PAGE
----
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A Different Angle on Climate Change

by Patrick L. Barry

Look toward the horizon in almost any major city, and you'll clearly see the gray-brown layer of smog and air pollution. Yet when you look straight up, the sky can appear perfectly blue; you might think there's no smog at all!

The smog is overhead as well, but it's much harder to see. Why is there such a difference?

It comes down to viewing angles: A vertical line straight up through the atmosphere crosses much less air than a line angled toward the horizon. Less air means less smog, so the sky overhead looks blue. On the other hand, when you look toward the horizon, you're looking through a lot more air. The smog is easier to see.

A one-of-a-kind sensor aboard NASA's Terra satellite capitalizes on this angle effect to get a better view of how clouds and air pollutants scatter and absorb sunlight. By doing so, this sensor-called the Multi-angle Imaging SpectroRadiometer (MISR for short)-is helping scientists fill in a major piece of the climate change puzzle.

Most satellite instruments look only straight down at the Earth. Layers of airborne particles (called aerosols) and smog are harder to see with this vertical view, and clouds often appear only as two-dimensional sheets of white. Clouds and aerosols both can reflect incoming sunlight back out to space, thus cooling the planet. But they can also absorb sunlight and trap heat rising from below, thus helping warm the planet.

What is the net effect? MISR helps scientists figure this out by looking at the atmosphere at several angles-nine to be exact. Its nine cameras fan out across a range of angles from steeply looking forward (70.5 degrees from vertical), to straight down, to the same steep angle backwards. As the Terra satellite passes over a region, the cameras successively view the region at nine different angles.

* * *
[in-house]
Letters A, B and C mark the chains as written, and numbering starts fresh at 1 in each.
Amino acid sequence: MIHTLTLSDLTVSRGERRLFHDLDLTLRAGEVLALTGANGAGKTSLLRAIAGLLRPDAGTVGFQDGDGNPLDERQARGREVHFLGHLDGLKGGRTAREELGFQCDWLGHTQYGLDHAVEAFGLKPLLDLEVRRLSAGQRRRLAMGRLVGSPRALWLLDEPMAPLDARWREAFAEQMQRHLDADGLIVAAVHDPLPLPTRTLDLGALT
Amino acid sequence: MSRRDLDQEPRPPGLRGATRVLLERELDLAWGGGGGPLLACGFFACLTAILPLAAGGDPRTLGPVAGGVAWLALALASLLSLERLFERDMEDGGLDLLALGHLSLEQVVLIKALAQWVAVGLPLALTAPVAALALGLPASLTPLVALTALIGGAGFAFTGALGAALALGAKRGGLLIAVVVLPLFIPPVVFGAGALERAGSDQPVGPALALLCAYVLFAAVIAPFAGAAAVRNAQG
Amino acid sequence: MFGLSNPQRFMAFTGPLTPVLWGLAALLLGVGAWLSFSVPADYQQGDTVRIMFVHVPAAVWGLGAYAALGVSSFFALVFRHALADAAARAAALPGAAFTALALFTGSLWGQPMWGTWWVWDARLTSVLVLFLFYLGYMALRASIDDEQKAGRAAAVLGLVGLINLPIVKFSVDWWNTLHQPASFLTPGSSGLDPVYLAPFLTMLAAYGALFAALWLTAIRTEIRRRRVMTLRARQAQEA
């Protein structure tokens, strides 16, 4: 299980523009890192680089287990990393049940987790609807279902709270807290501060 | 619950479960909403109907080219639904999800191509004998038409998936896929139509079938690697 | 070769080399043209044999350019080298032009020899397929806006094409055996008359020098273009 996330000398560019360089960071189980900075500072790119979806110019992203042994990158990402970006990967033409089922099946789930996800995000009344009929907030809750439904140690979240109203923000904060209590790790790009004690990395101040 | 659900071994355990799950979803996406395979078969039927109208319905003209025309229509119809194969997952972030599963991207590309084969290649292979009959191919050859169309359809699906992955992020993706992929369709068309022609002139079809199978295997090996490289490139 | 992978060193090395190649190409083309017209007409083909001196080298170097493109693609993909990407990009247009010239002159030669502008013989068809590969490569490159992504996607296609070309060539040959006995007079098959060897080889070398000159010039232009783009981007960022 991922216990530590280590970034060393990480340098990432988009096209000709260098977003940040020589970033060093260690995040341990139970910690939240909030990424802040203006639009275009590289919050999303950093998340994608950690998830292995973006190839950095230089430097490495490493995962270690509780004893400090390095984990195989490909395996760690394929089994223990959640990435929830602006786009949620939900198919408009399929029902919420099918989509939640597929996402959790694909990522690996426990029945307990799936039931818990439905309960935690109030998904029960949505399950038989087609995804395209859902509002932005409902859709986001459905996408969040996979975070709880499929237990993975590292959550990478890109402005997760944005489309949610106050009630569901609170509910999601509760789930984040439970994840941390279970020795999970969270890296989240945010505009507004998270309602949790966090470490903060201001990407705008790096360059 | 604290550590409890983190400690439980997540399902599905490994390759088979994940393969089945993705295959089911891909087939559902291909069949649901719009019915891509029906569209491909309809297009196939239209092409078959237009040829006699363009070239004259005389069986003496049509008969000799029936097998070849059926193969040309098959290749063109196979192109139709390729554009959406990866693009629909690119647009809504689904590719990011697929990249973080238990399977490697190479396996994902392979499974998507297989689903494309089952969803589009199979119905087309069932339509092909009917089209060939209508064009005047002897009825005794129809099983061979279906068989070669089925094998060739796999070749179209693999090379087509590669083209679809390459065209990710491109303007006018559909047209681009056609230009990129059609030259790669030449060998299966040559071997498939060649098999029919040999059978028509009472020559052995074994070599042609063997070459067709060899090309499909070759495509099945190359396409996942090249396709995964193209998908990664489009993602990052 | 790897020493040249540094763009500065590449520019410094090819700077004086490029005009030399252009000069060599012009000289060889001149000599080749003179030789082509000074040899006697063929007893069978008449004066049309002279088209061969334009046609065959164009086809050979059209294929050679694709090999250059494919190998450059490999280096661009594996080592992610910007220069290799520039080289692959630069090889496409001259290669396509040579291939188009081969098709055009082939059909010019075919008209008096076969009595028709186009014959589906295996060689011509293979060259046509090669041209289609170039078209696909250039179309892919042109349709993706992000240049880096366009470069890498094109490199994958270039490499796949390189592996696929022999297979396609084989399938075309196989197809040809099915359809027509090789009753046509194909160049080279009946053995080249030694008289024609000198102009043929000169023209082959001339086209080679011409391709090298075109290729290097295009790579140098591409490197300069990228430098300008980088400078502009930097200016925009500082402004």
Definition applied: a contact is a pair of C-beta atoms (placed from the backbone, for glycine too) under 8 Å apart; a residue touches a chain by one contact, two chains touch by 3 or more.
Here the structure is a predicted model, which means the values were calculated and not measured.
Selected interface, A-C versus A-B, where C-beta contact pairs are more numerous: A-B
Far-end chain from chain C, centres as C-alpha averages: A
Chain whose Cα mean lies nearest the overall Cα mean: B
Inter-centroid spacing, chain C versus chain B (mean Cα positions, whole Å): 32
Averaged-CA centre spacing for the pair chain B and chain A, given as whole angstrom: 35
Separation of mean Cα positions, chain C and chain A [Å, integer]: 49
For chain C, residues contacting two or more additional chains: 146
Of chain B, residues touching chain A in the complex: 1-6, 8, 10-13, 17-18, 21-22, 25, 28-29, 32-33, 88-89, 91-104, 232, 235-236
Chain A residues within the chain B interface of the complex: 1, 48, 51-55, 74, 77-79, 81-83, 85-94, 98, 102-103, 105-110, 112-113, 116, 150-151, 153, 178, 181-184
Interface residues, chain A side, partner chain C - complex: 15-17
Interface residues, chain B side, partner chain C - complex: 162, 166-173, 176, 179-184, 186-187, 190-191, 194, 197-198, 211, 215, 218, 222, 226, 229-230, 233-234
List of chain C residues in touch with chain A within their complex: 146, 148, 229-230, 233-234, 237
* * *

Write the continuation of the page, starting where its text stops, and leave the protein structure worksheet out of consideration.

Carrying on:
From these data, scientists can construct a three-dimensional picture of the cloud cover, revealing much more about cloud dynamics than a flat image alone. They can also see light bouncing off aerosol pollution from nine different directions, thus getting a fuller picture of how aerosols scatter sunlight. And they can even spot thin layers of heat-trapping air pollutants that might go unnoticed by other satellites.

All this information comes just from looking at the atmosphere from a different angle.

For more information, see . Kids can learn about MISR, see MISR images, and do an online MISR crossword at .

The MISR instrument on the Terra satellite views the atmosphere and Earth's surface from nine different angles.

This article was provided by the Jet Propulsion Laboratory, California Institute of Technology, under a contract with the National Aeronautics and Space Administration.

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